Olive harvesting

The Mosaic law gave instructions about certain daily agricultural activities such as the gathering of grapes and the harvesting of olives.

When you beat your olive trees, you shall not go over them again. It shall be for the sojourner, the fatherless, and the widow. (Deuteronomy 24:20 ESV)

Notice the reference to beating the olive trees here and in Isaiah 17:6. I have seen this in Italy, but have not been in Israel at the time of harvesting. Thanks to the generous use policy of Todd Bolen’s Pictorial Library of Bible Lands I am able to use this photo he made in the Shephelah. I encourage you to buy the entire set for use in your church or school classes.

Olive harvesting in the Shephelah. Photo courtesy: BiblePlaces.com.

Olive harvesting in the Shephelah. Photo courtesy BiblePlaces.com.

King and Stager describe the olive tree, the necessary climate, and the length of time necessary for trees to produce olives.

The hardy, long-lived olive tree is an evergreen growing five to eight meters high and with a trunk up to one meter wide. Found mainly in the highlands and in the foothills between the coastal plain and the central mountain range, the olive tree thrives in the rocky, shallow soil of the hillsides during the Mediterranean’s hot, dry summers and cool, rainy winters. It requires an average annual temperature of fifteen degrees centigrade (fifty-nine degrees fahrenheit). Because olives can be grown on mountain slopes with very little soil, the tree does not compete with cereals for fertile, arable soil. The olive tree grows in the Levant but not in Egypt or Mesopotamia, because a certain chill, needed to cause the olives to mature, cannot be achieved in the warmer climes. It takes years for olive trees to mature to full, producing trees, and then they bear fruit only every other year. It is commonly said that one plants an olive yard not for one’s self but for one’s grandchildren. Trees begin to flower only after five or six years. (Life in Biblical Israel, 95-96)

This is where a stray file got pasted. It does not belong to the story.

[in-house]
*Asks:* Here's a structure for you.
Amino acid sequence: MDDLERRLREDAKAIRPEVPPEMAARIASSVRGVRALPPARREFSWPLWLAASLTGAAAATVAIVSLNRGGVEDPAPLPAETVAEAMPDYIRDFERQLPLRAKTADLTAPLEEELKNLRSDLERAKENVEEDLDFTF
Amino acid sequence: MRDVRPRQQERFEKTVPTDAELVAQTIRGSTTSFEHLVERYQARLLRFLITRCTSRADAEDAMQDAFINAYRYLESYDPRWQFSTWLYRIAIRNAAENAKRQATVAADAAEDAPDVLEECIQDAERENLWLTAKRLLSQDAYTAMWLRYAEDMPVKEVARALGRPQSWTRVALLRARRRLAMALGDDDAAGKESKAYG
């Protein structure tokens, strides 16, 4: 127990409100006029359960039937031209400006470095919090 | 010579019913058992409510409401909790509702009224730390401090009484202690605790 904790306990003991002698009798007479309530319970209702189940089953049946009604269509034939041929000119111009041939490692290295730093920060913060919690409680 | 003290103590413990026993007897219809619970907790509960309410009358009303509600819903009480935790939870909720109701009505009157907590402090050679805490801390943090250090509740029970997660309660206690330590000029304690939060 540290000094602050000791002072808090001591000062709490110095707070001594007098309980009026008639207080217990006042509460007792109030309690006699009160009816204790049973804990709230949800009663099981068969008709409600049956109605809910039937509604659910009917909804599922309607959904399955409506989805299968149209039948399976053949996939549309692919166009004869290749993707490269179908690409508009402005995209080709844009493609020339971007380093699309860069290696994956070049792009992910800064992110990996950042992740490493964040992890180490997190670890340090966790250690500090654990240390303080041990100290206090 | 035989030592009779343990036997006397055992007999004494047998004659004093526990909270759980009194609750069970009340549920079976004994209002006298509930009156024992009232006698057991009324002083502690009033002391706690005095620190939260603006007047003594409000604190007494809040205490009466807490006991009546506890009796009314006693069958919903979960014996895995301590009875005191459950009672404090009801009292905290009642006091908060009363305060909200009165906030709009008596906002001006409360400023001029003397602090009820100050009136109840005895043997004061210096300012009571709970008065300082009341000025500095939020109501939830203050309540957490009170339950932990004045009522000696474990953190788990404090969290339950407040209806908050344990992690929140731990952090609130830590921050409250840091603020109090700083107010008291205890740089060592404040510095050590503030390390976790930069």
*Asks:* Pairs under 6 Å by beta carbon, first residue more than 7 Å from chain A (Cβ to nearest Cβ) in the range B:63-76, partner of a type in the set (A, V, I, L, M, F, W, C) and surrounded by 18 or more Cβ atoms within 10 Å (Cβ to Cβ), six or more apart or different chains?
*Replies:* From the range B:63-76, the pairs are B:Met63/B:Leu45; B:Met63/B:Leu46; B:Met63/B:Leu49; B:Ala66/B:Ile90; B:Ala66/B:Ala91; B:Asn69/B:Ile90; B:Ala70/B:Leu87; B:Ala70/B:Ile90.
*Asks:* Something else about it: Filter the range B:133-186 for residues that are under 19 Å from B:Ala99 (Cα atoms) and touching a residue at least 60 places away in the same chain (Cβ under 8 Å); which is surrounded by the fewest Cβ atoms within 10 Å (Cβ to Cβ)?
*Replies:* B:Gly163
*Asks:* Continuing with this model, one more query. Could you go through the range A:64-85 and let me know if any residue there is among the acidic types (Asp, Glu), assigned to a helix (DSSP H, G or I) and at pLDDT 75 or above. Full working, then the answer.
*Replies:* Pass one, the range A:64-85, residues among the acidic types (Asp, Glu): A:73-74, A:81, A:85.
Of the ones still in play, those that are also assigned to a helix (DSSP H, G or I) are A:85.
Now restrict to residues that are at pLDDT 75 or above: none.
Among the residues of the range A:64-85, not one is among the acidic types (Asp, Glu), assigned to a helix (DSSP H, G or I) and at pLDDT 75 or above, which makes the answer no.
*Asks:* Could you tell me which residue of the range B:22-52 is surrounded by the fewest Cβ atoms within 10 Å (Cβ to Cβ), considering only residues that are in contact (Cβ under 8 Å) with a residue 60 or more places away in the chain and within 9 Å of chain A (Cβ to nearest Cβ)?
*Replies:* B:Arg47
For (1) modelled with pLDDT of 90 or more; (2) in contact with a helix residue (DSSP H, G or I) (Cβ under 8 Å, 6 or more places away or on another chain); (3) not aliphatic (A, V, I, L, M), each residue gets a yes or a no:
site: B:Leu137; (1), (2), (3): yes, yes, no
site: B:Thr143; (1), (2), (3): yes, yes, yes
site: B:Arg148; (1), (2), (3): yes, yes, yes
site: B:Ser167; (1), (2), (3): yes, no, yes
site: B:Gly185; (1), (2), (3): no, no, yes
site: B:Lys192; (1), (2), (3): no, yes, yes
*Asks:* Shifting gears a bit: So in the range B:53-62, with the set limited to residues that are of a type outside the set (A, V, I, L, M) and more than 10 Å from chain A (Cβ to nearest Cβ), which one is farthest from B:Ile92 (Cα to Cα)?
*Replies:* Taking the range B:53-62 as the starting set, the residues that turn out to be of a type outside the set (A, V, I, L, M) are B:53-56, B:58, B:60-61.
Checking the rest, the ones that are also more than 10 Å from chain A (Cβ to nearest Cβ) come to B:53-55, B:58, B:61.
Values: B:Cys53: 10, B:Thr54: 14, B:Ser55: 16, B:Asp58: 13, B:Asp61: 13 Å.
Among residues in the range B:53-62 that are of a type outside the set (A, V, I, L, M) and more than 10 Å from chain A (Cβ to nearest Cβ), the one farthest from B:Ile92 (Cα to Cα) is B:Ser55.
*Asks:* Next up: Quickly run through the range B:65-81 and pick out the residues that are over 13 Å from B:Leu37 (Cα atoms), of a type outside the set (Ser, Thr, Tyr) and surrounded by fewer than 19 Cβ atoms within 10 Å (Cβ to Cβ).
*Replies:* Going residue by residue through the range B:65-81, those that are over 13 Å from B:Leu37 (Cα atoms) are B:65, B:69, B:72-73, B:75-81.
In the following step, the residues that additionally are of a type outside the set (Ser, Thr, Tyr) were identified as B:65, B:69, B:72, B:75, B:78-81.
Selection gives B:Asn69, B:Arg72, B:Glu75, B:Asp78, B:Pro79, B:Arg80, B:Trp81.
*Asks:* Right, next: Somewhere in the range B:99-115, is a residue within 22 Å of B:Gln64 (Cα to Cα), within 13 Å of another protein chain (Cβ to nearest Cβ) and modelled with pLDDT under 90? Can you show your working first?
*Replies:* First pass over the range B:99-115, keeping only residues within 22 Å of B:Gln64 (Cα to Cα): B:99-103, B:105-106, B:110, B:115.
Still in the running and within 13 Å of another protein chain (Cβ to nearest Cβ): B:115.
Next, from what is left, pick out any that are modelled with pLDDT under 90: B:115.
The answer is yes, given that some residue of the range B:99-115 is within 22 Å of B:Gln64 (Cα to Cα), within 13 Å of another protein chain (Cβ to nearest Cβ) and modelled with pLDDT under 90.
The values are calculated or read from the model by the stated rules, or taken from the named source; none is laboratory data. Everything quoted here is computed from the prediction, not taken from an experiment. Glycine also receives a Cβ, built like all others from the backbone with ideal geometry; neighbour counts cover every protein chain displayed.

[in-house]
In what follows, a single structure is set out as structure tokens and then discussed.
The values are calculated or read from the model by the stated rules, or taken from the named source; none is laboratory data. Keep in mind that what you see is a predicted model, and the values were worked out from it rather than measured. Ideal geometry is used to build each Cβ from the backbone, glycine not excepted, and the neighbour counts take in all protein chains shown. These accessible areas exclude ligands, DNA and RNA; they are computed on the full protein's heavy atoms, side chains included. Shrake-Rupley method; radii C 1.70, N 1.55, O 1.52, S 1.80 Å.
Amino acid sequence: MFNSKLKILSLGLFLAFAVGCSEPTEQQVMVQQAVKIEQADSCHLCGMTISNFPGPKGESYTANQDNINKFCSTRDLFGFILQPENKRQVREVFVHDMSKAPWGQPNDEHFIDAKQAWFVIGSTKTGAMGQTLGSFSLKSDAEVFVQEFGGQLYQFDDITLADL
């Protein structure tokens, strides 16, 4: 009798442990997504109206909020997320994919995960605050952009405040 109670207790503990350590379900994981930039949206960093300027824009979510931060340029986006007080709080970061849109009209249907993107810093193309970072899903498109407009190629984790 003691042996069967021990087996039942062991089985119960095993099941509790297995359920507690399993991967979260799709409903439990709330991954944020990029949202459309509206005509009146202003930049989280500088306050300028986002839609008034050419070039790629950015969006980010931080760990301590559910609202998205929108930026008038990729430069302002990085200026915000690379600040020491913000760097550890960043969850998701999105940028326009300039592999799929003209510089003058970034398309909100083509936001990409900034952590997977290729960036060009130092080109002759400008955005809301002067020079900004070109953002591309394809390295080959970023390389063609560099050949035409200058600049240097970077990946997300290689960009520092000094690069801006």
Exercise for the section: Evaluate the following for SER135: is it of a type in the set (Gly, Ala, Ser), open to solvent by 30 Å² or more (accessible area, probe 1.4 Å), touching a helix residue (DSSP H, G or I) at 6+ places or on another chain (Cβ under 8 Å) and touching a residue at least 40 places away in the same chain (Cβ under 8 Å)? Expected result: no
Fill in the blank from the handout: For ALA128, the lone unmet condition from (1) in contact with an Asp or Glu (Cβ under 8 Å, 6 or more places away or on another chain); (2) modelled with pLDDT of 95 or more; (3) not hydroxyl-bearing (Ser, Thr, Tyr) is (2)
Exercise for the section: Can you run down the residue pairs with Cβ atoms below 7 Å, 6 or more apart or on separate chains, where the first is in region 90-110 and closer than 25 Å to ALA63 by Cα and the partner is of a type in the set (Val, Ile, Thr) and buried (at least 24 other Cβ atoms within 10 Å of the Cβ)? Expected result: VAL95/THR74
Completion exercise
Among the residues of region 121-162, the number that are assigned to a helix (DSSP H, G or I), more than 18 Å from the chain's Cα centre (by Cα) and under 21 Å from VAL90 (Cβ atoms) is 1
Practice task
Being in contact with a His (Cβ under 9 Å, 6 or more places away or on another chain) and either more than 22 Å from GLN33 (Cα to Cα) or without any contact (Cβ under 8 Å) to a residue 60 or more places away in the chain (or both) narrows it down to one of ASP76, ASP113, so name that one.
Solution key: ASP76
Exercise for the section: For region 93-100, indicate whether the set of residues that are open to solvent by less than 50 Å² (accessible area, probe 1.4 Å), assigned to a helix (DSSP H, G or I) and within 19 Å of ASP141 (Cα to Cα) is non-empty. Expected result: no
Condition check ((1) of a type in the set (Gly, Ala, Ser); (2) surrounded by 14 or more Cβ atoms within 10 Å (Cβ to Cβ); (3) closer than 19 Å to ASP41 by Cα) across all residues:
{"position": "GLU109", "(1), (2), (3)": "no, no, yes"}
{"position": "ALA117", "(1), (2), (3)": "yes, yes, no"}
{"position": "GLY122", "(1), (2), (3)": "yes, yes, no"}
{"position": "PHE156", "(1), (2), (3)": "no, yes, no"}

William Albright translated the first line of the Gezer Calendar (925 B.C.) this way,

His two months are (olive) harvest

The time of harvest may vary depending on the type of olive and the particular place. In Israel and the Palestinian West Bank we think of October and November as the two months of harvest.

One response to “Olive harvesting

  1. Pingback: Index to Olives and Olive Trees | Ferrell's Travel Blog

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